The election of scandals

Camille Botello, Staff Writer

Scandals have been a part of United States politics throughout history. Past presidential scandals include President John F. Kennedy’s affair with Marilyn Monroe, the secret sale of weapons to Iran during the Reagan administration, burglars from President Nixon’s re-election campaign hired to wiretap phones and steal confidential documents in the Watergate hotel, and President Bill Clinton’s affair with his 22-year-old intern Monica Lewinsky.

This election cycle is no different. Both candidates have their fair share of scandals.

Donald Trump, the Republican presidential nominee, has been accused and convicted of multiple scandals throughout his career.

The most prevalent crime to date has been the many sexual assaults and vulgar comments about women. Trump was caught on tape bragging about sexually assaulting women recently, and is also facing a lawsuit against Jane Doe who states that Trump raped her when she was 13, according to The Atlantic magazine.

It also states that Trump was sued by Jill Harth, a host of The American Dream beauty pageant, for sexual harassment. In the suit she also claimed that Trump tried to keep black women from entering the contest.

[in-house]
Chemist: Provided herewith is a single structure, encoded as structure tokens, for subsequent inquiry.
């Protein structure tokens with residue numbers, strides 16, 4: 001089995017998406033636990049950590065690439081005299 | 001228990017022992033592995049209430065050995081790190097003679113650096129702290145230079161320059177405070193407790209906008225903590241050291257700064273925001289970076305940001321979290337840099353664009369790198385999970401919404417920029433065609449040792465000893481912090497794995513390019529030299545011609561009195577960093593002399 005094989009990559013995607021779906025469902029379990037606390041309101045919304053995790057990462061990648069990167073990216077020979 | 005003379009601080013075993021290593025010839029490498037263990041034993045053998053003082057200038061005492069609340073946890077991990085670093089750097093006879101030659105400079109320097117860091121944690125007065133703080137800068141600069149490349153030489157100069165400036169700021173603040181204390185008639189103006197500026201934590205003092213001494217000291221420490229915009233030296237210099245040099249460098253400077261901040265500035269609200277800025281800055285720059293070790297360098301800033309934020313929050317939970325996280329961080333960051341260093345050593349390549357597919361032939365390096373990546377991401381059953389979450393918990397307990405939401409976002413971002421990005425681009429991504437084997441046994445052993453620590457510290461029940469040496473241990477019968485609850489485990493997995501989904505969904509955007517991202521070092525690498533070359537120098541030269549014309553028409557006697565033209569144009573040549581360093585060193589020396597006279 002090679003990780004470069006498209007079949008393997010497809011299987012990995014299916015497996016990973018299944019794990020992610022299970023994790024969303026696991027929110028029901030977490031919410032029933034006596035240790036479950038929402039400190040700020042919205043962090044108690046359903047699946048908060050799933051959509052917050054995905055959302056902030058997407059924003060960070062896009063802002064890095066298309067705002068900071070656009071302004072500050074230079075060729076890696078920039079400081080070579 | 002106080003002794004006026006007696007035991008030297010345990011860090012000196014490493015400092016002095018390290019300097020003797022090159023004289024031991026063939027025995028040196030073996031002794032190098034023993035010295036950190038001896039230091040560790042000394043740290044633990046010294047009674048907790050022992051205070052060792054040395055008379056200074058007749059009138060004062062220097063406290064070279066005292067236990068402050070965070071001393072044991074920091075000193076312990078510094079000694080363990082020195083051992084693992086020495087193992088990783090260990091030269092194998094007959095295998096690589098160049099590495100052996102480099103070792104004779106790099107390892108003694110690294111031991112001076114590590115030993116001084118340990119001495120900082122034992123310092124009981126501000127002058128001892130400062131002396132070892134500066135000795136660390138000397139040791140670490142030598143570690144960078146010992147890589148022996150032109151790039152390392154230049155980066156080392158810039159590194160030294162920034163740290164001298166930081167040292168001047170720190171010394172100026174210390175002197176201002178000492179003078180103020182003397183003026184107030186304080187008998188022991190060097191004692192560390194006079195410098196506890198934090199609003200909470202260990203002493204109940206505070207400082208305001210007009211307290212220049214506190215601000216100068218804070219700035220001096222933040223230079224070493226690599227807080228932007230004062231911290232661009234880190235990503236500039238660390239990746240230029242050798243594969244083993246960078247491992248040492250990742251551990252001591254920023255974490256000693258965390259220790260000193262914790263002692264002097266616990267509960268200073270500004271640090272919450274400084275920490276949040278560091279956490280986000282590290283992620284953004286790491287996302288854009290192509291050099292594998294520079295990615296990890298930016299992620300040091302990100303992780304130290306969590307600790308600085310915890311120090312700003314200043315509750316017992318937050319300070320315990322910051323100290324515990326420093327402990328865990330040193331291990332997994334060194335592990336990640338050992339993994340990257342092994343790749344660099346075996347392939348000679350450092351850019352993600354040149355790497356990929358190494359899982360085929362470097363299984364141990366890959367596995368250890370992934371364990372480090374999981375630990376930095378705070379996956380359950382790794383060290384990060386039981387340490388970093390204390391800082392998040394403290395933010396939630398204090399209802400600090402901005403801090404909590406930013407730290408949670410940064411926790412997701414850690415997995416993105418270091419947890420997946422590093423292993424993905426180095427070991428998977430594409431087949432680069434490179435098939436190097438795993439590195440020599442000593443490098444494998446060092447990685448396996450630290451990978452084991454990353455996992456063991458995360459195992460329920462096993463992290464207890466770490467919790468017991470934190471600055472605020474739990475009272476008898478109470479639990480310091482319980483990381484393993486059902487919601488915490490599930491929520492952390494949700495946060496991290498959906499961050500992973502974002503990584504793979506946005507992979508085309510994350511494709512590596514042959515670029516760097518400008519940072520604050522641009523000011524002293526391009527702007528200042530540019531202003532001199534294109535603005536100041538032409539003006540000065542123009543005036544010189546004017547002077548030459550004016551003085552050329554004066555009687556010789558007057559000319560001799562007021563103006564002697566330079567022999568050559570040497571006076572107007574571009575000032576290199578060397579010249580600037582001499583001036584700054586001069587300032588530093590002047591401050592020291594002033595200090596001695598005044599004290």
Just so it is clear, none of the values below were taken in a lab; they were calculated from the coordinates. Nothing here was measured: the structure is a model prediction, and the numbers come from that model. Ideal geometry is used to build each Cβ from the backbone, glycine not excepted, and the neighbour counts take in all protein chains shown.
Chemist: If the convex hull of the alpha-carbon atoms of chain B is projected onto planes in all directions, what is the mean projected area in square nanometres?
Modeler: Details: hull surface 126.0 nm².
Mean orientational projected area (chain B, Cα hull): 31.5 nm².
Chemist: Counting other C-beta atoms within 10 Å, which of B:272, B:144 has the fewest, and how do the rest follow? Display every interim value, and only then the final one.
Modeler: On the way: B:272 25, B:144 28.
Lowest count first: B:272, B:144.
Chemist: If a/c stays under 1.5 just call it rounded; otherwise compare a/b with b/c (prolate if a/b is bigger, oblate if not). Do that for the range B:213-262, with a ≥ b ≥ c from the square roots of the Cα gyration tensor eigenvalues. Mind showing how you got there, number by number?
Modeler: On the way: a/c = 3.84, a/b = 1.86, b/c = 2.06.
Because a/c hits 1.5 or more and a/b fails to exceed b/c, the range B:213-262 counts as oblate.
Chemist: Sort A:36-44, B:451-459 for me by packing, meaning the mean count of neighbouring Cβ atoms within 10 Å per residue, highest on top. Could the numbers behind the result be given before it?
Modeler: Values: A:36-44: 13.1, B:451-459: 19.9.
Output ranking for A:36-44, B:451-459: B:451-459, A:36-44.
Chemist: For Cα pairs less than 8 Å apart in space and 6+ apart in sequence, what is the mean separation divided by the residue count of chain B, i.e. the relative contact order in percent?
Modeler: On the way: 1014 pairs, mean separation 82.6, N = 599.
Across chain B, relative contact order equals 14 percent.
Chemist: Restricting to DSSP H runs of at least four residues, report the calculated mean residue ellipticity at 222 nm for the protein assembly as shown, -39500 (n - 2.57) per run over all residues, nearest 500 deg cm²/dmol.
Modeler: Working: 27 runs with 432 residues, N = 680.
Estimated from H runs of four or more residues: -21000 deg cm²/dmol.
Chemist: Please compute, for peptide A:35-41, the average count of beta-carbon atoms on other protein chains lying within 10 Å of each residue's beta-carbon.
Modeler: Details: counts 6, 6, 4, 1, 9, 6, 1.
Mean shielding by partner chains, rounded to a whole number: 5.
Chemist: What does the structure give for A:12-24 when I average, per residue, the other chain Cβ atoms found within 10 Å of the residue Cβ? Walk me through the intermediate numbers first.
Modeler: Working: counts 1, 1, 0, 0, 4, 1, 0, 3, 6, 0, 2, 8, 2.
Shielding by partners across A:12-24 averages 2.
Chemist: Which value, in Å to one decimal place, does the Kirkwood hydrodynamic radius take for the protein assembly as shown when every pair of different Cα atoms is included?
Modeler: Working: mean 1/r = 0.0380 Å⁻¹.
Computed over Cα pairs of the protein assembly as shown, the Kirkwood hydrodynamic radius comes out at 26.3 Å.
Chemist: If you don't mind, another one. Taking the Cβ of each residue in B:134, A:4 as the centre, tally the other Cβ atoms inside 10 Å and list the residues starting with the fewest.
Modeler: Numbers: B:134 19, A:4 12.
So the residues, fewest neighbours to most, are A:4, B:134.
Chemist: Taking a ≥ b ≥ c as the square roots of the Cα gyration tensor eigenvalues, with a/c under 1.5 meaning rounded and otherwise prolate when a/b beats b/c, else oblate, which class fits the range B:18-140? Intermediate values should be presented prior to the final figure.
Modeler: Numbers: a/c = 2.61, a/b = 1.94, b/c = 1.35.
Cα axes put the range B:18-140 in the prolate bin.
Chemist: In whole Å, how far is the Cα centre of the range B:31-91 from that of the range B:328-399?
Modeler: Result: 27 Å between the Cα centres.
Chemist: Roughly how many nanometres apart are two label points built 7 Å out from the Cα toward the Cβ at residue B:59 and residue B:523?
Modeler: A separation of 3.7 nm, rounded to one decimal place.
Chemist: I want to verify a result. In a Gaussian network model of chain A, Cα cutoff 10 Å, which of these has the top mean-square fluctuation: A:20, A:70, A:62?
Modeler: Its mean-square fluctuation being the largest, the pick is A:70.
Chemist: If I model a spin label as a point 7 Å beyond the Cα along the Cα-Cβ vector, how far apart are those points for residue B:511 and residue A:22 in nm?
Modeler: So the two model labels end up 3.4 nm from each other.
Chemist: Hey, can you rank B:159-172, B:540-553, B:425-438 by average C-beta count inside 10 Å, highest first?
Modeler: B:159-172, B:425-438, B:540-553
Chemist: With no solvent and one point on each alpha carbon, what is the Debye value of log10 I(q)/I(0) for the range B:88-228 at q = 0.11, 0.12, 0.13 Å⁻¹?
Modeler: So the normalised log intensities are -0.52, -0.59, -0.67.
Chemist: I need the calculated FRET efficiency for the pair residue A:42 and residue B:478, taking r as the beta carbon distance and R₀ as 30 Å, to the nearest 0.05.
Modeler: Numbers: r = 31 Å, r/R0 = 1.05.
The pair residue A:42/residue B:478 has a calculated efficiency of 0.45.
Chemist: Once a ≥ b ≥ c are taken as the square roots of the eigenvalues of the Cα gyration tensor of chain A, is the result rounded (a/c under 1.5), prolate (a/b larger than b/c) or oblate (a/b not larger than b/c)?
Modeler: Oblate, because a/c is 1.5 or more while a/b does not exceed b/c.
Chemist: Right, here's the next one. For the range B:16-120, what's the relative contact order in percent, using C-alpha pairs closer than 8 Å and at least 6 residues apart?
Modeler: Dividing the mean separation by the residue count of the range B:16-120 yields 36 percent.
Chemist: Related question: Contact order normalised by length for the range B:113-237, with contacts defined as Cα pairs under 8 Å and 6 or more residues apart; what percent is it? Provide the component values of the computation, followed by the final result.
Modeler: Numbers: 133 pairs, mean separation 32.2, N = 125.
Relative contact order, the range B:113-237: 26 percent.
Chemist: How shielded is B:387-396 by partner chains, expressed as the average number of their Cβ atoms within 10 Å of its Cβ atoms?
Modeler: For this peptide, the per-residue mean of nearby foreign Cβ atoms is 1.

The Republican nominee has also been faced with allegations of housing discrimination. In 1973 the Department of Justice sued Trump and his father for discriminating the tenants of their New York sites, the Atlantic magazine stated.

After the opening (2005) and shut down (2010) of Trump University, a school aimed to teach students Trump’s real estate and business skills, many students claimed it was a scam. According to the Atlantic, New York is suing Trump for allegedly embezzling $40 million from students.

The Democratic presidential nominee, Hillary Clinton, doesn’t have the cleanest record neither.

Clinton used a private email account and server during her time as Secretary of State, and only turned over some of the lost emails to the State Department for public record, as reported by the Atlantic magazine. In the 2016 election, Clinton has been questioned repeatedly about these emails.

Four Americans were killed in 2012 at a U.S. consulate in Benghazi, Libya, the Atlantic stated. Republicans accused Clinton of inadequately protecting them, and implicated that she was aware of the terrorist attacks before they happened.

This is the first presidential election many first and second year Linfield students are able to vote in, contradiction and radicalism are topics voters will have to consider during this election cycle. Voters have to decide if they want a president with zero political experience who degrades women and minorities, or if they want a president who keeps affairs from the public. This is what American politics have become.